Deadline for DEPA, DESFA offers today sees Russians in the lead
Binding offers by candidates for the sale of gas companies DEPA and DESFA are expected to be submitted today, triggering major changes in the local energy sector.
The government has expressed its optimism over a satisfactory bid being made by Russia’s Gazprom for Public Gas Corporation (DEPA), which was the aim of the Russian energy giant’s strongman Alexey Miller, who has been overseeing the process personally in the last three months.
Government sources say that Gazprom’s success in the tender will come with a “generous” reduction in the rate of natural gas supplied to Greece, an issue that Prime Minister Antonis Samaras himself has negotiated with Miller. The market inside and outside the country has already taken Gazprom’s success in the process for granted, while a bid by Greek company M+M (of the Vardinoyiannis and Mytilineos groups) is seen as being submitted simply to make up the numbers.
However, there are no guarantees that Gazprom will also seek full control of DEPA. “Greece sells, the European Union decides,” a source from the state privatization fund (TAIPED), which is responsible for the sale, said. A possible veto by the European competition authorities of Gazprom’s entry in DEPA is the Russians’ biggest worry, which is why they have asked for a change to the rules regarding the submission of a letter of guarantee.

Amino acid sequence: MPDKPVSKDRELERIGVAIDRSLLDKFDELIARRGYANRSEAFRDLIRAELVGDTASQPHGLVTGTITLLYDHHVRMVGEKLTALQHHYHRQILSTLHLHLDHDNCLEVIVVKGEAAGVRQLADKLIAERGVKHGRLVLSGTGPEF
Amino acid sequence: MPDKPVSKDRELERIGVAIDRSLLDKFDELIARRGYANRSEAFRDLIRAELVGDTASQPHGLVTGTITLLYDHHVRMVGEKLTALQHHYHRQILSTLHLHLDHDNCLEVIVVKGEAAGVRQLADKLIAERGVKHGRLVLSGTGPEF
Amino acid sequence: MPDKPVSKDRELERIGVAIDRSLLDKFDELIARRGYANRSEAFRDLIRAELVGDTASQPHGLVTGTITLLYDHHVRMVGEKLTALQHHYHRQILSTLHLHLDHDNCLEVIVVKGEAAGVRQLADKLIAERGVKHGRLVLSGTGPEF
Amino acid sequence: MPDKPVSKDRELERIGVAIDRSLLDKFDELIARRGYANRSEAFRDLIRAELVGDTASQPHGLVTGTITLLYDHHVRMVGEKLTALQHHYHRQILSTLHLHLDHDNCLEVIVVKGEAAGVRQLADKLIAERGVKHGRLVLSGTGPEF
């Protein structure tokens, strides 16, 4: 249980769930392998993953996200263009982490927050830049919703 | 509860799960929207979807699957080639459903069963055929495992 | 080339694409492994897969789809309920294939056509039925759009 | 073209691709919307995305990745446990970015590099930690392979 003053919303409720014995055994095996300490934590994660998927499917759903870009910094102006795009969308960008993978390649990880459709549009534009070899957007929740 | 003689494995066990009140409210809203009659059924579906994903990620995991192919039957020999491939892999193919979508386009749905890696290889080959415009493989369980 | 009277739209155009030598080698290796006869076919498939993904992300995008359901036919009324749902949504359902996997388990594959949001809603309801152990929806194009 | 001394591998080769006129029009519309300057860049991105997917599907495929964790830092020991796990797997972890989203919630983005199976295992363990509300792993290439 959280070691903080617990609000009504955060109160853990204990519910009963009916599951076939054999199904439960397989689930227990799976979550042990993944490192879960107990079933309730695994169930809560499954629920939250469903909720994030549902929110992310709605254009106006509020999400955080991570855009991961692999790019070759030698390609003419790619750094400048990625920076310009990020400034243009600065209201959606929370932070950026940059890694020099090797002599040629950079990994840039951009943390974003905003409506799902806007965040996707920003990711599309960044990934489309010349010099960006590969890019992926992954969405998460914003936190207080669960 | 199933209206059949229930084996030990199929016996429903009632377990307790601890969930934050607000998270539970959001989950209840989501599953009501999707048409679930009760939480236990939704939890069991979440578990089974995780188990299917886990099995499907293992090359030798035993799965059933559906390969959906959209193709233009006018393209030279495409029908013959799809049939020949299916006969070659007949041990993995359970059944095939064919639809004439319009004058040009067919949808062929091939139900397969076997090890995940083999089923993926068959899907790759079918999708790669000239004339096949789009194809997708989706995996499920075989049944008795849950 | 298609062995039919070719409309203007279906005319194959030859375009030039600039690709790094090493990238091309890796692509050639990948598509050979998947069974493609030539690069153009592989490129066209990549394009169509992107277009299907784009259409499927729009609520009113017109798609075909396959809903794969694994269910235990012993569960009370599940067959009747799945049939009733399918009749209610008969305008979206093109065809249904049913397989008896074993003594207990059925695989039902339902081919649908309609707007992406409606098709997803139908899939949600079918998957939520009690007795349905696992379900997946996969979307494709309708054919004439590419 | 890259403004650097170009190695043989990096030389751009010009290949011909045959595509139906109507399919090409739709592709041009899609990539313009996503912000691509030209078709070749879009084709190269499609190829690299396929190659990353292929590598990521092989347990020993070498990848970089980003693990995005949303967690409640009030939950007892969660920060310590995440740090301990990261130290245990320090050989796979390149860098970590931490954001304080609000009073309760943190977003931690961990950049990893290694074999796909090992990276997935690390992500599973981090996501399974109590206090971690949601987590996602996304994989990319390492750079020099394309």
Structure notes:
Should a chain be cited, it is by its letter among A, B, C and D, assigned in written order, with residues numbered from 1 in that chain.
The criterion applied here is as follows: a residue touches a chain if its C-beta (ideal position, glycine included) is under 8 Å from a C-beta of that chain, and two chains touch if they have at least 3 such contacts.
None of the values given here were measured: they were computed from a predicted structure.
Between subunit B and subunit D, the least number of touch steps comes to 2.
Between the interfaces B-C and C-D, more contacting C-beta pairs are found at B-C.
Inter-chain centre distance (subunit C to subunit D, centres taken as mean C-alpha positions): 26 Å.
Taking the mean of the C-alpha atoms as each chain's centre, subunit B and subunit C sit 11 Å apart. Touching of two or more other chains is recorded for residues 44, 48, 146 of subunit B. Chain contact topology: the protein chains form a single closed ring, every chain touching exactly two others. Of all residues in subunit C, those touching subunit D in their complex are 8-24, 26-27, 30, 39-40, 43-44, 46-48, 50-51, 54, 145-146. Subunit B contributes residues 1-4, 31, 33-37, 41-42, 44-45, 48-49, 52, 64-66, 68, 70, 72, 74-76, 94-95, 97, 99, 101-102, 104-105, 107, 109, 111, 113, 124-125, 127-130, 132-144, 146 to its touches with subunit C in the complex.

TAIPED will proclaim the winning bid by the end of the month. Once the contract is signed it will be forwarded to Brussels to be examined within the wider context of an EU investigation of Gazprom. Given the bureaucracy involved in EU decision-making and the August vacation period, a decision is not expected before November, which makes it unlikely that any revenues from the sale of DEPA will enter public coffers within 2013.
As far as gas transmission network operator DESFA is concerned, the situation is far less clear. Athens’s efforts to convince Azeri company Socar to table a competitive offer do not seem to have born fruit yet. As a result the only genuine suitor is Russia’s Sintez, which had tabled a non-binding offer for the buyout of both DEPA and DESFA, but then pulled out of the running for DEPA. TAIPED expects Sintez to bid for DESFA but its offer will fall short of the operator’s valuation, in which case the tender may be proclaimed barren.
The sale of DEPA and DESFA will also affect that of Hellenic Petroleum, which holds a stake in both and is also up for privatization. That and the planned sell-off of Public Power Corporation will create a new landscape in the sector of energy that is as yet uncharted.